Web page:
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I have seen many times these two verbs, for example:

Der Zug fährt ab

Ich fahre nach Deutschland

What are the differences between them and when to use each one?

Thanks

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2 Answers 2

up vote 10 down vote accepted

Fahren means to drive. In your example, you're going to Germany. This is the actual movement. Note that this is sometimes generalized to a voyage, so it is also used if you're going by plane.

Abfahren means to depart. In your example, the train departs. This is only the start of the movement and is never used for planes.

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"abfahren" is also used for taking a junction of a highway/autobahn. "Du musst demnächst von der Autobahn abfahren.". –  Joachim Sauer Oct 27 '11 at 7:53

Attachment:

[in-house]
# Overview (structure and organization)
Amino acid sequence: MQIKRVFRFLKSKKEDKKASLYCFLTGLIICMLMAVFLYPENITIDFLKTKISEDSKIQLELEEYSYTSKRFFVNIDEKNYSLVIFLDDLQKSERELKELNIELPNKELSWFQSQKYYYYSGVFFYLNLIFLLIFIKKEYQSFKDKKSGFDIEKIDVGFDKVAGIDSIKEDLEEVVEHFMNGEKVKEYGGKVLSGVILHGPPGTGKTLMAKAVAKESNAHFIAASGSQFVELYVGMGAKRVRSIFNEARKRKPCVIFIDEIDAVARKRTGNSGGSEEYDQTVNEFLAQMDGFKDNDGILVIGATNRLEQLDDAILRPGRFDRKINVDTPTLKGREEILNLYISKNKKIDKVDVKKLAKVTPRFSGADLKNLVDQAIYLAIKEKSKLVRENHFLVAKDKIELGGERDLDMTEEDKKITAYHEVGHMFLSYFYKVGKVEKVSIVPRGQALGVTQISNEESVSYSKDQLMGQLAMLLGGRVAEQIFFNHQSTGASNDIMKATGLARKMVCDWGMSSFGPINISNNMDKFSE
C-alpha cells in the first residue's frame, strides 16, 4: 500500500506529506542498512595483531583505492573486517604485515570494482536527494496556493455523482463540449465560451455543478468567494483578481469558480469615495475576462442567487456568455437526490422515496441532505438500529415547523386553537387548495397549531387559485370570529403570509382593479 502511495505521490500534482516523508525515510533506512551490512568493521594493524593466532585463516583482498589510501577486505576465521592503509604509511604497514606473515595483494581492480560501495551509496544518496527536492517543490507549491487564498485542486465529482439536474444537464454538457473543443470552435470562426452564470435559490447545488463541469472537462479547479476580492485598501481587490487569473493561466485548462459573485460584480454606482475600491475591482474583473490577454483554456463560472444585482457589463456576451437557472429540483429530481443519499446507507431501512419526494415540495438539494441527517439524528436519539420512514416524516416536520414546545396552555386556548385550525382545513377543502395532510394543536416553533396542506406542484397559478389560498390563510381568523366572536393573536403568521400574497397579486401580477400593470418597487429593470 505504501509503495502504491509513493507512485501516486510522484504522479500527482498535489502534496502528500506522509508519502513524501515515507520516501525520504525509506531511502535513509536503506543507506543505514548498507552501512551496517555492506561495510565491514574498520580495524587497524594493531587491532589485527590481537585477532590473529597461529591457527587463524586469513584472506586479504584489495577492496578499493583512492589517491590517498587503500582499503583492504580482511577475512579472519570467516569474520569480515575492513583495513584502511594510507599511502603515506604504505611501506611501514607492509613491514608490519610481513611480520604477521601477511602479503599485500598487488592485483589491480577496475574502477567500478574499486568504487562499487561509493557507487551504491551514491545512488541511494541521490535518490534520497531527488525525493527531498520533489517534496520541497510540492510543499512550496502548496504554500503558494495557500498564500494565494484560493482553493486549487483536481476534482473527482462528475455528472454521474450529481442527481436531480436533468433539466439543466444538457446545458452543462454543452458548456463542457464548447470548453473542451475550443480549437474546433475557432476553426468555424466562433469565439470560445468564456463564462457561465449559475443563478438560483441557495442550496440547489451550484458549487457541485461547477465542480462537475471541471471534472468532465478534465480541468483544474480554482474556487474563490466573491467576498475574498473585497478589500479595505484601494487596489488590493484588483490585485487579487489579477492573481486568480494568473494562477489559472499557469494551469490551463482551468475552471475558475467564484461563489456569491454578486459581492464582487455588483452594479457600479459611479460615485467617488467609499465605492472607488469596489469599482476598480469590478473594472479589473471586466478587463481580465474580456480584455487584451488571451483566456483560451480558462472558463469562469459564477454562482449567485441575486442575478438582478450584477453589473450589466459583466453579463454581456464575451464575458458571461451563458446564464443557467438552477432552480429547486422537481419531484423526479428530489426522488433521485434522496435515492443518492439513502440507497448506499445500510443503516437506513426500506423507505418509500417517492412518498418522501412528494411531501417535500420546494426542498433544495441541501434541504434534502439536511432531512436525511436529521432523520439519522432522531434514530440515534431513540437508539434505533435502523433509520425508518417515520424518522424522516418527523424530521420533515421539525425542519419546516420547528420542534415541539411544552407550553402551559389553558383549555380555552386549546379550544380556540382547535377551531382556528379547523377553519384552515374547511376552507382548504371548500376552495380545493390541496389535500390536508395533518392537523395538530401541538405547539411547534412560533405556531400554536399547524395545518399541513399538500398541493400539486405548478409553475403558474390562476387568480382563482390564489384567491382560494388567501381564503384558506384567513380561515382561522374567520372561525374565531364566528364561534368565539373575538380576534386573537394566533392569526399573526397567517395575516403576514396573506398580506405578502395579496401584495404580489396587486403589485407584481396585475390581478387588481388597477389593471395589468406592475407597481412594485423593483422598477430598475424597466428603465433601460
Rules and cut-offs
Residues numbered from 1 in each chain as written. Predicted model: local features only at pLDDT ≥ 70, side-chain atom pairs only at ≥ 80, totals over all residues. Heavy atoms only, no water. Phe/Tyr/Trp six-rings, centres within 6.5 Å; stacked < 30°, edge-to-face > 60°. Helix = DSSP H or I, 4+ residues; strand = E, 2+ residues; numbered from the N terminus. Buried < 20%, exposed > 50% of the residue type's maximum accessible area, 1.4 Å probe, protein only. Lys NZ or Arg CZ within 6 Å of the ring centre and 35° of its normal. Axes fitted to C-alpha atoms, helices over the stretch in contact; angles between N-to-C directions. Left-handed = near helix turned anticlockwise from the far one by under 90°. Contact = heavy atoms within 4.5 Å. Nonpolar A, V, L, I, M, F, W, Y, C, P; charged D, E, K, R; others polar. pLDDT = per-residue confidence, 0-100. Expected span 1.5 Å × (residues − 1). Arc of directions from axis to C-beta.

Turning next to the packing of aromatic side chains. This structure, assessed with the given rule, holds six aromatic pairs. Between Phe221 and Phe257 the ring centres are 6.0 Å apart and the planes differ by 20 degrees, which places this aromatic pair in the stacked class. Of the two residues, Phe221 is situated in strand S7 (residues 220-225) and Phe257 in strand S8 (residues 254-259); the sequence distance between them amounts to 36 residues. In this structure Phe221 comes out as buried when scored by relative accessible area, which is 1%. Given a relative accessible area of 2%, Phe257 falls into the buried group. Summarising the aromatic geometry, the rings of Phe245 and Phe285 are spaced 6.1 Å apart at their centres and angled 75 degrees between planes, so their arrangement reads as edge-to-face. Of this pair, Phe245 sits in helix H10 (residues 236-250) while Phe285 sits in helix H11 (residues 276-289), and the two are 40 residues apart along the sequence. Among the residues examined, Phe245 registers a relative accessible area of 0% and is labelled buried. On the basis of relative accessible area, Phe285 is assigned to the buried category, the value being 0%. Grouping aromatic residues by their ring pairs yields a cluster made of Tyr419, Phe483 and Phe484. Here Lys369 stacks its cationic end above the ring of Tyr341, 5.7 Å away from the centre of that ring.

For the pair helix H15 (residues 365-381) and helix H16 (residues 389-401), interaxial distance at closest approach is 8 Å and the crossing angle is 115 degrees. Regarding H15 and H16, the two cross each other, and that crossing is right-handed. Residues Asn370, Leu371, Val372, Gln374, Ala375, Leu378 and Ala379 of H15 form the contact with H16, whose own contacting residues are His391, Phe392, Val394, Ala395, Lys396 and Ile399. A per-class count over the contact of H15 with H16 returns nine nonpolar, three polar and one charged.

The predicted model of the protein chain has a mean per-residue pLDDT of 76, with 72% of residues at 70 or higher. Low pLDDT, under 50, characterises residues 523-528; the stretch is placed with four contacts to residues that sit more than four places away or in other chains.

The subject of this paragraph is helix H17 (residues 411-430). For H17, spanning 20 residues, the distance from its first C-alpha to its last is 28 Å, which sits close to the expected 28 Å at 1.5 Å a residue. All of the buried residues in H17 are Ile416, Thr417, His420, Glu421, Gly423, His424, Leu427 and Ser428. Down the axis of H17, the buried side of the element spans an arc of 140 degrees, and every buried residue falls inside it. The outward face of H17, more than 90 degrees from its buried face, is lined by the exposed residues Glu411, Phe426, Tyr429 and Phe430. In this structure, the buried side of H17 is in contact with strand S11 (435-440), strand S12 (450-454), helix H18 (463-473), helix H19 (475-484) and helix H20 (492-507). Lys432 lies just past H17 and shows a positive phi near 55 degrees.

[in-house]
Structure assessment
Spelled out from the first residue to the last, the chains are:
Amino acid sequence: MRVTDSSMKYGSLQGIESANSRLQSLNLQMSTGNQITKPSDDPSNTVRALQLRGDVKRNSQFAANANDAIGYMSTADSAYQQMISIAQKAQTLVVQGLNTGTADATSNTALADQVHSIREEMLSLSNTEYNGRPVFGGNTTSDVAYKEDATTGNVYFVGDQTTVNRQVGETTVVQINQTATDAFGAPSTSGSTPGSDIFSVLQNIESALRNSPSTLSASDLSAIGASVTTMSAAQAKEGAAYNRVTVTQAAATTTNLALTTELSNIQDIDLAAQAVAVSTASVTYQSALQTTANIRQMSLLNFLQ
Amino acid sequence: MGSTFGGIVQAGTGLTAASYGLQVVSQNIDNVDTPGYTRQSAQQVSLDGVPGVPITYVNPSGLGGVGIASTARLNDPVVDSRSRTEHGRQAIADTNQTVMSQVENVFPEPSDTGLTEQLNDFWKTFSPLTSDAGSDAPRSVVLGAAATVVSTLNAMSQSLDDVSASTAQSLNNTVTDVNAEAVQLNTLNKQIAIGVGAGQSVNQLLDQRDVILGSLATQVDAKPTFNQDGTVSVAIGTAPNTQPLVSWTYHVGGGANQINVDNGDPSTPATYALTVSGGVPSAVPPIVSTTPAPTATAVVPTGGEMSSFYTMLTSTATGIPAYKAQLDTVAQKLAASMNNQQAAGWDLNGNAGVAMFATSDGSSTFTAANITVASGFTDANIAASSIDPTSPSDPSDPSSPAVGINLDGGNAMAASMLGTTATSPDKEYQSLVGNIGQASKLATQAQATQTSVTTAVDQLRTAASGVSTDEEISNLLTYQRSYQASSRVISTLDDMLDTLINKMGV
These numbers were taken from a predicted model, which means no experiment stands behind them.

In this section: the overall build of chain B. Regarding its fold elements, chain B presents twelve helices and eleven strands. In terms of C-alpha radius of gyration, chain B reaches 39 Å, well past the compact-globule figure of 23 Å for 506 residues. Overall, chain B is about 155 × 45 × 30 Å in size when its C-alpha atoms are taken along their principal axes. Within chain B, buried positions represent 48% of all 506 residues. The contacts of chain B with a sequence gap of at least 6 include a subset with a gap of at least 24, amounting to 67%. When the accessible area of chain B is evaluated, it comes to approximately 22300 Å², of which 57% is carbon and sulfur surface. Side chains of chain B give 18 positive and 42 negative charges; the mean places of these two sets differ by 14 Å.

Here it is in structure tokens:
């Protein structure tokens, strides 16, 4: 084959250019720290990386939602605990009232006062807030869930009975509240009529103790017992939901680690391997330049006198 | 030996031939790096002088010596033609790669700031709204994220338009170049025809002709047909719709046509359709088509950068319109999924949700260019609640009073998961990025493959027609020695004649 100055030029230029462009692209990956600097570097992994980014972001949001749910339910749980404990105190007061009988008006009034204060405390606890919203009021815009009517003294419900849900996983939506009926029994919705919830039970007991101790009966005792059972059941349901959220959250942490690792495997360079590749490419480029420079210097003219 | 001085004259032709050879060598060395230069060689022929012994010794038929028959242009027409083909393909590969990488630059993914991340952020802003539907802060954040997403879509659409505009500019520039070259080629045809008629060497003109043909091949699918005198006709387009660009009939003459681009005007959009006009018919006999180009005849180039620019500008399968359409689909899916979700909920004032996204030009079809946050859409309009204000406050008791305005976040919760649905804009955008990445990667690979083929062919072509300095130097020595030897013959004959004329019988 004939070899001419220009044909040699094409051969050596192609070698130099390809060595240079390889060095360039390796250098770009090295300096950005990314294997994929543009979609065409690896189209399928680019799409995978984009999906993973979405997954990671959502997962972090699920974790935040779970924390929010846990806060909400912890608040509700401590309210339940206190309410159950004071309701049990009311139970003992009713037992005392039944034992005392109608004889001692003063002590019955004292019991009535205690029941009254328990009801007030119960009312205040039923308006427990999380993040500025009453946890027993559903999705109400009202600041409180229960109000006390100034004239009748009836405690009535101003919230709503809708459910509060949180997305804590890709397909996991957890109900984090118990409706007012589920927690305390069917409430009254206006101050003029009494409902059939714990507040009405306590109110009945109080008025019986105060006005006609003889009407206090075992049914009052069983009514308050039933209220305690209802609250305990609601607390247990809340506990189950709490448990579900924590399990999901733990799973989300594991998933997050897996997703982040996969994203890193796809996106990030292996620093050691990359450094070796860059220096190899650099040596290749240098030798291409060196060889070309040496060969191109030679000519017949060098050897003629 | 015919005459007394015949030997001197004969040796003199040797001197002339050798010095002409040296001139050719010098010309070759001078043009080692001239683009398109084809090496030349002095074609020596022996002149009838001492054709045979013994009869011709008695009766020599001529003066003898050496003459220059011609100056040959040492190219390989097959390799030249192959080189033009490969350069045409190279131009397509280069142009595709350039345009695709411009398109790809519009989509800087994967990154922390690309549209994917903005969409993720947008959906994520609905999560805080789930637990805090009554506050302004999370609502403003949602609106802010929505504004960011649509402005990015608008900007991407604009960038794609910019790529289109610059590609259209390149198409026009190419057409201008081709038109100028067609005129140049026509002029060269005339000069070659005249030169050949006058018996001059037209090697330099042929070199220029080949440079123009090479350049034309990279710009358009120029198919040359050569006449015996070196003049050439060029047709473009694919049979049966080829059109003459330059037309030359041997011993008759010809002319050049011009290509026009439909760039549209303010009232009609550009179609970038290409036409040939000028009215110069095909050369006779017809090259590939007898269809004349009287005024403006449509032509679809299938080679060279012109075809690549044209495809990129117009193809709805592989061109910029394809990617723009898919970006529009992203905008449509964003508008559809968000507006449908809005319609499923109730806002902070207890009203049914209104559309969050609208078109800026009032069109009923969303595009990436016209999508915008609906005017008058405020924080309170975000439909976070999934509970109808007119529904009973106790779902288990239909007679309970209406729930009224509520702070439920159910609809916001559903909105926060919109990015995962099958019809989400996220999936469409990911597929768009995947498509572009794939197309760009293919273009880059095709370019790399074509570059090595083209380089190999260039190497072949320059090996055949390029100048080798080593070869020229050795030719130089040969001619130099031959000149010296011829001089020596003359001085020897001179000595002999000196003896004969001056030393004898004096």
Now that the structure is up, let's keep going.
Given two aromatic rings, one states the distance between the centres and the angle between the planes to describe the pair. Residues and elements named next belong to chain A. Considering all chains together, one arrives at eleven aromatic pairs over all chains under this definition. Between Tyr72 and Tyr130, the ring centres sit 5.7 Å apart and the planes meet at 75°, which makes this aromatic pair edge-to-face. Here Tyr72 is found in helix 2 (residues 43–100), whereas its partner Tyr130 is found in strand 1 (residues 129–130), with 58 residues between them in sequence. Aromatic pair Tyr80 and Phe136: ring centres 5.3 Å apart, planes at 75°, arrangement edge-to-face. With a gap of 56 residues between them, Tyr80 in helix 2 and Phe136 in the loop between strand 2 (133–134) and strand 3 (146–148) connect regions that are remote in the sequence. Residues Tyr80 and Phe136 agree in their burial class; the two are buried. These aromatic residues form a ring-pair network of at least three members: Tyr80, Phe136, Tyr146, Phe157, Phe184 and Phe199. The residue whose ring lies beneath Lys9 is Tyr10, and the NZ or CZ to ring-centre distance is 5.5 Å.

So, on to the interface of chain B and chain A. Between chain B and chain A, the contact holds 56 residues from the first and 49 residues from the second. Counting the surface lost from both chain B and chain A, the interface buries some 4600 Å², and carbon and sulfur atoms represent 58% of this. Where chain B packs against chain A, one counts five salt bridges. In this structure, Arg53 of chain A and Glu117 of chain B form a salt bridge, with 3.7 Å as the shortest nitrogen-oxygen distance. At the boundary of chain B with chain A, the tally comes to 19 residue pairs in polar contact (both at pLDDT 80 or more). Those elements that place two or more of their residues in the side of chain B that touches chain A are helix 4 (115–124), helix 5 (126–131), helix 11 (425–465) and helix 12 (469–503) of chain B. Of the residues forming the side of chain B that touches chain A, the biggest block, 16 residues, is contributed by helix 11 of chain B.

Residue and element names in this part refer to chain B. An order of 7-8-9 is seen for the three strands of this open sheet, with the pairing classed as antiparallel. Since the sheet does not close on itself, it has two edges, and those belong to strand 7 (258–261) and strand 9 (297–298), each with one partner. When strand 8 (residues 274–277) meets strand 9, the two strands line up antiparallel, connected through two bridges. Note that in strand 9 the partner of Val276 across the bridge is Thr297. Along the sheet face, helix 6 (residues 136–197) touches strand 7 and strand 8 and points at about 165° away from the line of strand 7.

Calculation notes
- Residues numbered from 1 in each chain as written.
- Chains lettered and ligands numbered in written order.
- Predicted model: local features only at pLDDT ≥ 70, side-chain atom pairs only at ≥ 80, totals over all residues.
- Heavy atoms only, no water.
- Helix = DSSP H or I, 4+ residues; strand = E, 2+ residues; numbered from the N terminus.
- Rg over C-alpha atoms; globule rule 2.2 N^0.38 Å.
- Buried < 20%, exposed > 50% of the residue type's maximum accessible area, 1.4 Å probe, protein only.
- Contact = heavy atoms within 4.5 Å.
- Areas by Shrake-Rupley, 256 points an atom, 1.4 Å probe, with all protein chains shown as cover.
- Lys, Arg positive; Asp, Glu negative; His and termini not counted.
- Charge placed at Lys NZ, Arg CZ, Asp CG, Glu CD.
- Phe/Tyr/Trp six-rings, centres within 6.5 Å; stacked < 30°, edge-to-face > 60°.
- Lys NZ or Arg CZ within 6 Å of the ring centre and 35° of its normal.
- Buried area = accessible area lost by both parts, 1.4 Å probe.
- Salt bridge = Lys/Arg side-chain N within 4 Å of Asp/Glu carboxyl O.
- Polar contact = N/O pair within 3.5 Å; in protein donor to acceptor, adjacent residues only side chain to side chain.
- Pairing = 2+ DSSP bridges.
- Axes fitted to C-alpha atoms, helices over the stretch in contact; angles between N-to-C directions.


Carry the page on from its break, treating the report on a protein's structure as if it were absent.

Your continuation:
I was thinking about adding the information from your comment to my answer. But then, the comment is fine on its own, so just +1 for that. –  OregonGhost Nov 8 '11 at 21:36
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fahren is the general verb for drive / go

Ich fahre mit dem Bus. - I go by Bus.
Ich fahre Bus. - I drive a Bus.

If the action of driving is not the main point, you rather use mit, when telling about what vehicle you'll use

Ich fahre mit dem Auto nach Deutschland.

That doesn't tell something about whether you drive it or not. It might be concluded from the context though.

ab has the sense of from / off [ / since]

So abfahren is about leaving from somewhere

Der Zug fährt ab. - The train departs.
Wann fahrt ihr ab[/los]?

There are not many use cases.

Using abfahren with the preposition auf, it has the meaning of a strong affection.

Er fährt auf sowas ziemlich ab

Using it in a predicative way, it has the meaning of exceptional / extraordinary

Das ist ja abgefahren!

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